Per-core Performance Myth Busting

IBM continually touts "performance per core" in sales and marketing messages.  IBM implies that higher performance per core will somehow deliver better customer experience.

Oracle's "Optimized System Performance"  vs. IBM's "Per-core Performance Focus"

Customers care about system performance and the ROI of their solution.  Does better "per-core performance" predict better system performance or price/performance?  No, is the simple answer.

Modern server & CPU designers can make various trade-offs on complexity, performance and number of threads & cores.  The best way to address these trade-offs is to look at the integrated system design.

Below are two examples where better "system design" is far more important than a focus on "per-core" performance:

  • Oracle's Sun SPARC Enterprise M9000 server delivered a single-system TPC-H 3000GB world record.
    • beats IBM's Power 595 performance by 20%
    • beats IBM's Power 595 price/performance (3 year TCO: hardware, software, maintenance, etc.)
    • Oracle database load time(4hr 45min) was over 2 times faster than IBM (10hr 2min)!
    For TPC-H, IBM used half the number of cores, but could not deliver better customer value.
  • Oracle's 12-node Sun SPARC Enterprise T5440 server cluster delivered a TPC-C world record.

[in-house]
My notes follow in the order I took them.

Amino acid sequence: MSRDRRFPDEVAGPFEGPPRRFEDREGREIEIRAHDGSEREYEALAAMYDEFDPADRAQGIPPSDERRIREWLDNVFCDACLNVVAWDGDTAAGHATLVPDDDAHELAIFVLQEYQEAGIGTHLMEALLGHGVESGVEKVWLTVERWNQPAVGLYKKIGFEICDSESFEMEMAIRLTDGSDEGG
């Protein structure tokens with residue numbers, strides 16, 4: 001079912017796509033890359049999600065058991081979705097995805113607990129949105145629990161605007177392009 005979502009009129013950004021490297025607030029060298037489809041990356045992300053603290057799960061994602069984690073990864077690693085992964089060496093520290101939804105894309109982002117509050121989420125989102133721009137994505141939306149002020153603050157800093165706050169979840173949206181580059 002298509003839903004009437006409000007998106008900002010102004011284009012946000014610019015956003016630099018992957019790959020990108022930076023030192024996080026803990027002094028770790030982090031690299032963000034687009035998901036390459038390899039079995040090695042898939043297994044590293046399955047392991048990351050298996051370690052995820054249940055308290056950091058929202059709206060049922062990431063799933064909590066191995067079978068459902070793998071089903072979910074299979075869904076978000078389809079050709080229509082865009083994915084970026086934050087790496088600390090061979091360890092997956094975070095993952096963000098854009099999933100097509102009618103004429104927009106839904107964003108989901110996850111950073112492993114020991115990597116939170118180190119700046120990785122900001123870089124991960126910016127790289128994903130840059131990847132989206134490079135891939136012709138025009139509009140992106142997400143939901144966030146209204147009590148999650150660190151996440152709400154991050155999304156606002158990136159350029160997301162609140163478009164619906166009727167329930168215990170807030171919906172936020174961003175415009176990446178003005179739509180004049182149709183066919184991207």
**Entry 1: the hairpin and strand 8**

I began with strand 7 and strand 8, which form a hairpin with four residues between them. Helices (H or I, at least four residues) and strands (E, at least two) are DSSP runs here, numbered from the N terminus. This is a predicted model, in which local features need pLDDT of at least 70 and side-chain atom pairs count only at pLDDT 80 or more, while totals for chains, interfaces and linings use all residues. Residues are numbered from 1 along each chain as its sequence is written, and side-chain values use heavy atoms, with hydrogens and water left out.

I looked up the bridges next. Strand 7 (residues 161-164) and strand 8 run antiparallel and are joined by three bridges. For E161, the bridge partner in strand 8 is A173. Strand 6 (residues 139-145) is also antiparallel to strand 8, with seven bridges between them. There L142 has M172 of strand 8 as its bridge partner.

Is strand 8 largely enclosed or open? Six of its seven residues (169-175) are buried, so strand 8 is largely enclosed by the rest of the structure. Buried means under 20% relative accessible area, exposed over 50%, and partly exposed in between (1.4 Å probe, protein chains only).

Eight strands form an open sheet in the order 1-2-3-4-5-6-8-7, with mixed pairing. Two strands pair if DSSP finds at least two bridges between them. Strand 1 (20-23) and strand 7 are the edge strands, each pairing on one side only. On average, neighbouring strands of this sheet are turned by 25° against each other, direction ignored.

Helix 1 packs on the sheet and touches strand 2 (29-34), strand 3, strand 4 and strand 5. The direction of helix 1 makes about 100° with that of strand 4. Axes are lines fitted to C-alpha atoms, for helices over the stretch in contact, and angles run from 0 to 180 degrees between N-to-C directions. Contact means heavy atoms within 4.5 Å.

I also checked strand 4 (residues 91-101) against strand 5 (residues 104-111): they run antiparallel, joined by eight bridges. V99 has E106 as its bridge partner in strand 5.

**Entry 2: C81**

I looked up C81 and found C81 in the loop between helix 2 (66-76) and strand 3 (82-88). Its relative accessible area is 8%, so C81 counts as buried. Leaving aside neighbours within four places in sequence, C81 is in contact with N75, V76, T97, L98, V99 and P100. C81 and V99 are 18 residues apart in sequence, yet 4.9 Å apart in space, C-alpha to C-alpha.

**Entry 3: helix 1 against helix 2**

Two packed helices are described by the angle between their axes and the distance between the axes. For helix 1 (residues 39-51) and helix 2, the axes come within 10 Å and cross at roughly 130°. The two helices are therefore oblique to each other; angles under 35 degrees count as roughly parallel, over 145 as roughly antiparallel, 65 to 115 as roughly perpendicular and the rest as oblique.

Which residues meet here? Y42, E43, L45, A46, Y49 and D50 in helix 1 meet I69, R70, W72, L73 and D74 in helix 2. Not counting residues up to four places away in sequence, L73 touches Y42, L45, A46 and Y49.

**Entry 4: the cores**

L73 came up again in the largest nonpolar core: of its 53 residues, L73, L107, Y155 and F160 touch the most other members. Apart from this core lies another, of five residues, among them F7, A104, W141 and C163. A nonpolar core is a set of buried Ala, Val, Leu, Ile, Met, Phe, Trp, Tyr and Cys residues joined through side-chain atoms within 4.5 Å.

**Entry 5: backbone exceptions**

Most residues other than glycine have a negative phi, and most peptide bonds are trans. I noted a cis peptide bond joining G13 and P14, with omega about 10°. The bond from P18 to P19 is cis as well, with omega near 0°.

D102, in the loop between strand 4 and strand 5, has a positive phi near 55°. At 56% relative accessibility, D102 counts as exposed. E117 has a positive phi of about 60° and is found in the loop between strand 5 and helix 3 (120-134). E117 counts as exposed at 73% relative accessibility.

• beats IBM's Power 595 (5GHz) with IBM DB2 9.5 database performance by 26%
    • beats IBM's IBM's Power 595 price/performance (3 year TCO: hardware, software, maintenance, etc.) by 16%
    • in addition with the Oracle solution one also has better response time, Oracle's New Order response time was 7.3x faster than IBM!
    For TPC-C, IBM used one-sixth the number of cores, but could not deliver better customer value.

In conclusion, Better ROI is achieved with Oracle's Integrated System design.

Required Disclosure statements:

Sun SPARC Enterprise M9000 (32 procs, 128 cores, 128 threads) 188,229.9 QphH@3000GB, $20.19/QphH@3000GB, database load time 4:43:25, avail 04/10/10.  IBM Power 595 (32 procs, 64 cores, 128 threads) QphH@3000GB, 156,537.3 QphH@3000GB, $20.60/QphH@3000GB, database load time 10:02:25, avail 11/24/09. TPC-H, QphH, $/QphH tm of Transaction Processing Performance Council (TPC). More info

12-node Sun SPARC Enterprise T5440 Cluster (12 nodes, 48 procs, 384 cores, 3072 threads) with Oracle 11g Enterprise Edition with Real Application Clusters and Partitioning, 7,646,486.7 tpmC, $2.36/tpmC, response time new order average 0.168, Available 3/19/10. IBM Power 595 (5GHz Power6, 32 chips, 64 cores, 128 threads) with IBM DB2 9.5, 6,085,166 tpmC, $2.81/tpmC, response time new order average 1.22, available 12/10/08. TPC Benchmark C, tpmC, and TPC-C are trademarks of the Transaction Performance Processing Council (TPC), source:, results as of 11/5/09.


How about System Performance comparision between Oracle and IBM :

SAP R/3 SD 2-Tier (SAP R/3 (Sales & Distribution) Standard Application Benchmark)

Product Date Processor Clock (GHz) Chips Cores Users SAPS Steps/Hr Version Status

IBM - Power 780 7-Apr-10 POWER7 3.80 8 64 37,000 202,180 12,131,000 ERP 6.0U (2009) Current

Sun - SPARC Enterprise M9000 18-Nov-09 SPARC64 VII 2.88 64 256 32,000 175,600 10,536,000 ERP 6.0U (2009) Current

Posted by guest on May 11, 2010 at 03:21 PM PDT #

You forgot to add the pricetags.... This article isn't about performance, it's about price/performance.

Posted by Stefan Hinker on May 11, 2010 at 05:51 PM PDT #